How the Kerala floods unearthed a site filled with ancient terracotta figures

Once put together, the pieces will hopefully become characters in a historical epic of Aranmula

Updated - January 20, 2019 08:18 am IST

Published - January 18, 2019 04:45 pm IST

The unearthed pieces are cleaned of the mud covering them

The unearthed pieces are cleaned of the mud covering them

On a sunny day last August, a few men were fishing in the river Pamba in Kozhippalam near Aranmula town in Kerala’s Pathanamthitta district. Like most villages in the area, Kozhippalam was devastated last year in the biggest floods to hit Kerala in living memory. Most houses in the village were empty, as people were scared to move back into homes that had been subsumed by the Pamba so recently.

But that day, the Pamba was calm, and the floods seemed to belong to a bad dream, except for the trees lying uprooted on the river bank. Suddenly, one of the fishermen saw some terracotta figures peeking at him through the filaments of the roots. Wondering if the floods had unearthed a piece of ancient history, the fishermen informed C.N. Sukumaran, a fellow villager. And the rest, as they say, is history — quite literally in this case.

Sukumaran, academics, historians and enthusiasts soon got together and approached the government. Things moved fast. Kerala’s Department of Archaeology swung into action within a matter of weeks. What till then had been just a ‘riverfront plot’ owned by ‘someone settled in Mumbai’ suddenly became a hotbed of activity.

Down history lane

The narrow lane at Anjilimoottil Kadavu — just wide enough for our SUV to pass through — ends at a plot with a rusted gate, half open, reluctantly allowing in history enthusiasts interested in a glimpse of the excavations in the adjacent compound. The floods that had wreaked havoc a couple of months ago had pulled down the compound wall that separated these two plots, and thus made the excavation site accessible by road.

Inside, the trenches baked in the heat of the sun, and the coconut palms and banana plants shone an even brighter green in contrast. The artefacts in the trenches were partially visible from the outside, but were still held tightly by the soil that had protected them for centuries.

Under the sun

Unearthing these figurines under the hot Kerala sun is just the beginning. They also need to be cleaned of the mud they have been covered with for centuries. The fallen compound wall has now become a platform to dry the hundreds of terracotta faces, limbs, and torsos dug out so far. They will now need to slowly be joined together and brought to life, a task that could put a Ravensburger jigsaw puzzle to shame. Once put together, the pieces will hopefully become characters in a historical epic of the area.

Among the artefacts discovered were idols of mother goddesses (Sapta Matrika), naga (serpent) idols, and many figures of men. Each one tells a story. In the coming months, experts will examine these and the pottery shards to understand their origin and the period they belong to. Some of them, , like the stylized naga caressing the upper half of its face with its tongue, have never before been discovered anywhere in Kerala, says K. Krishnaraj, lead archaeologist, as he gently brushes mud off the eyes of one of the faces. The site, with its trenches waiting to be excavated and its discoveries drying in the sun, is a surreal sight. A bygone era returning to life.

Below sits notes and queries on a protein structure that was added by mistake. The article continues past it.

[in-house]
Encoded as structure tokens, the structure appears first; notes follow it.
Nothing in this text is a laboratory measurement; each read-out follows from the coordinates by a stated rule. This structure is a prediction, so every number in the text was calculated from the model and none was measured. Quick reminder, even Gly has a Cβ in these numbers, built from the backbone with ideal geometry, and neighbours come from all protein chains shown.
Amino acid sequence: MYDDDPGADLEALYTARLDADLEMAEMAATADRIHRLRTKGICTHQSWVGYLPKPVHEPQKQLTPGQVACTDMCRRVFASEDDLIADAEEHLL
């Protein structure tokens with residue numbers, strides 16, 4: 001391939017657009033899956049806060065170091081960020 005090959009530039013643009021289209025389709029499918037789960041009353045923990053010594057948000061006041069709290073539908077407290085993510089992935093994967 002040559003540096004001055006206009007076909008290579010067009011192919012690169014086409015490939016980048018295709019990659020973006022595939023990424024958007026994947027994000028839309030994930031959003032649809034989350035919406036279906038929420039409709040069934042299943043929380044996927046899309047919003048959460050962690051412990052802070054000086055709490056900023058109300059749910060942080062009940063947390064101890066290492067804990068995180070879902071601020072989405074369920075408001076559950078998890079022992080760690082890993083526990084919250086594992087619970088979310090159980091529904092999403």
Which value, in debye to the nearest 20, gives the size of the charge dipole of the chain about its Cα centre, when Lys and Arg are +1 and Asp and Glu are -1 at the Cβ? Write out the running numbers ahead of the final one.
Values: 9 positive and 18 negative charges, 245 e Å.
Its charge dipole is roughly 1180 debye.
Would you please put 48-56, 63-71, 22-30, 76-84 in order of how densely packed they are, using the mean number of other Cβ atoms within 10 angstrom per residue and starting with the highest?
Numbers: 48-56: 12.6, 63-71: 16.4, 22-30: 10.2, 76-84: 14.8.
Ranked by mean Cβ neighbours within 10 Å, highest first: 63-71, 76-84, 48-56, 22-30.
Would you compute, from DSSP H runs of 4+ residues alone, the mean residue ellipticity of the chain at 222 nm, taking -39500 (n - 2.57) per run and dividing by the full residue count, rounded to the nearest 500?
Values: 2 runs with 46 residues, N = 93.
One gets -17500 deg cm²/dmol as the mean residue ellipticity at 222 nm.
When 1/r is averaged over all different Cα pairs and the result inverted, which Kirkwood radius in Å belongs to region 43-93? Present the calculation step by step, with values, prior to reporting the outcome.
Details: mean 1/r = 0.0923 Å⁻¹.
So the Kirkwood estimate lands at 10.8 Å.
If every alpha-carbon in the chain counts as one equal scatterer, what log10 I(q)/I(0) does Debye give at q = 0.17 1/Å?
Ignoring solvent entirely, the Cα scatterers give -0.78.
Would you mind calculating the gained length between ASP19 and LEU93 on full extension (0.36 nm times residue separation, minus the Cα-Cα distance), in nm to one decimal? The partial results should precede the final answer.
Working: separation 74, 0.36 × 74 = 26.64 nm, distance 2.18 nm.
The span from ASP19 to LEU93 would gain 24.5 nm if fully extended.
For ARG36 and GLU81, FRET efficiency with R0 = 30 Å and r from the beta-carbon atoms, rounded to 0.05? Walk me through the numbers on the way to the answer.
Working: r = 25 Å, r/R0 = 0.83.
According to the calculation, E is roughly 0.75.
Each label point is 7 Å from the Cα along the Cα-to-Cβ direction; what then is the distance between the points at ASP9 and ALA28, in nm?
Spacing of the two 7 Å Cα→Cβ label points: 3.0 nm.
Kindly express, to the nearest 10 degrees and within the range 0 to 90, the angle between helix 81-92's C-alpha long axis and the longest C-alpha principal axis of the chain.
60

Iconographic studies and thermoluminescence dating (TL) of the pieces are expected to tell us more about their age and the lives of people who lived here and worshipped these gods. Who were they? Were they natives or settlers? When did they live? What did they eat? Was this a holy place of worship of a lost civilisation along the Pamba? What has been discovered so far appears to be only the tip of the proverbial iceberg.

Serendipity is not alien to archaeological discoveries. While the team was busy excavating these figurines from a couple of hundred years ago, another story was waiting to be told across the Pamba, in Vellangoor. Rajeev Puliyoor, a Malayalam teacher in the College of Teacher Education in nearby Elanthoor, brought some of his students to the Anjilimoottil Kadavu site. One student called Gopika saw the idols and said, “This is nothing. There are bigger such buried in my house.” Puliyoor, who is working closely with the excavations, immediately informed the archaeology team and they went to the student’s house.

Mysterious stones

Mathesseril Gopalakrishnan Nair, Gopika’s father, runs a palm leaf plate and bowl manufacturing unit. Very matter-of-factly, he took the experts around his land and showed them the various pieces lying around. There have been long cuboidal stones, obviously manually shaped, lying about his land for as long as he can remember. His family had never bothered to discover what they were. As a teenager, Nair had tried using the stones to build the house he now lives in. Fortunately for the world, the stones were too fragile for construction.

When the team revealed that the stones were part of cist burials from the Megalithic age, Nair was hugely surprised. The slabs he had treated so casually were part of 2,500-year-old graves, shaped by people adept at stone-cutting. The archaeologists believe more slabs lie under the earth.

Meanwhile, Nair has more practical concerns. “I am going to wait for the compensation the government will offer before I move out,” he says.

As for Aranmula, the cultural capital of what’s often called the Pamba Valley Civilisation and famous for the metal mirror and the annual boat race, it has just added one more feather to its cap.

The writer is is a history enthusiast from Bengaluru.

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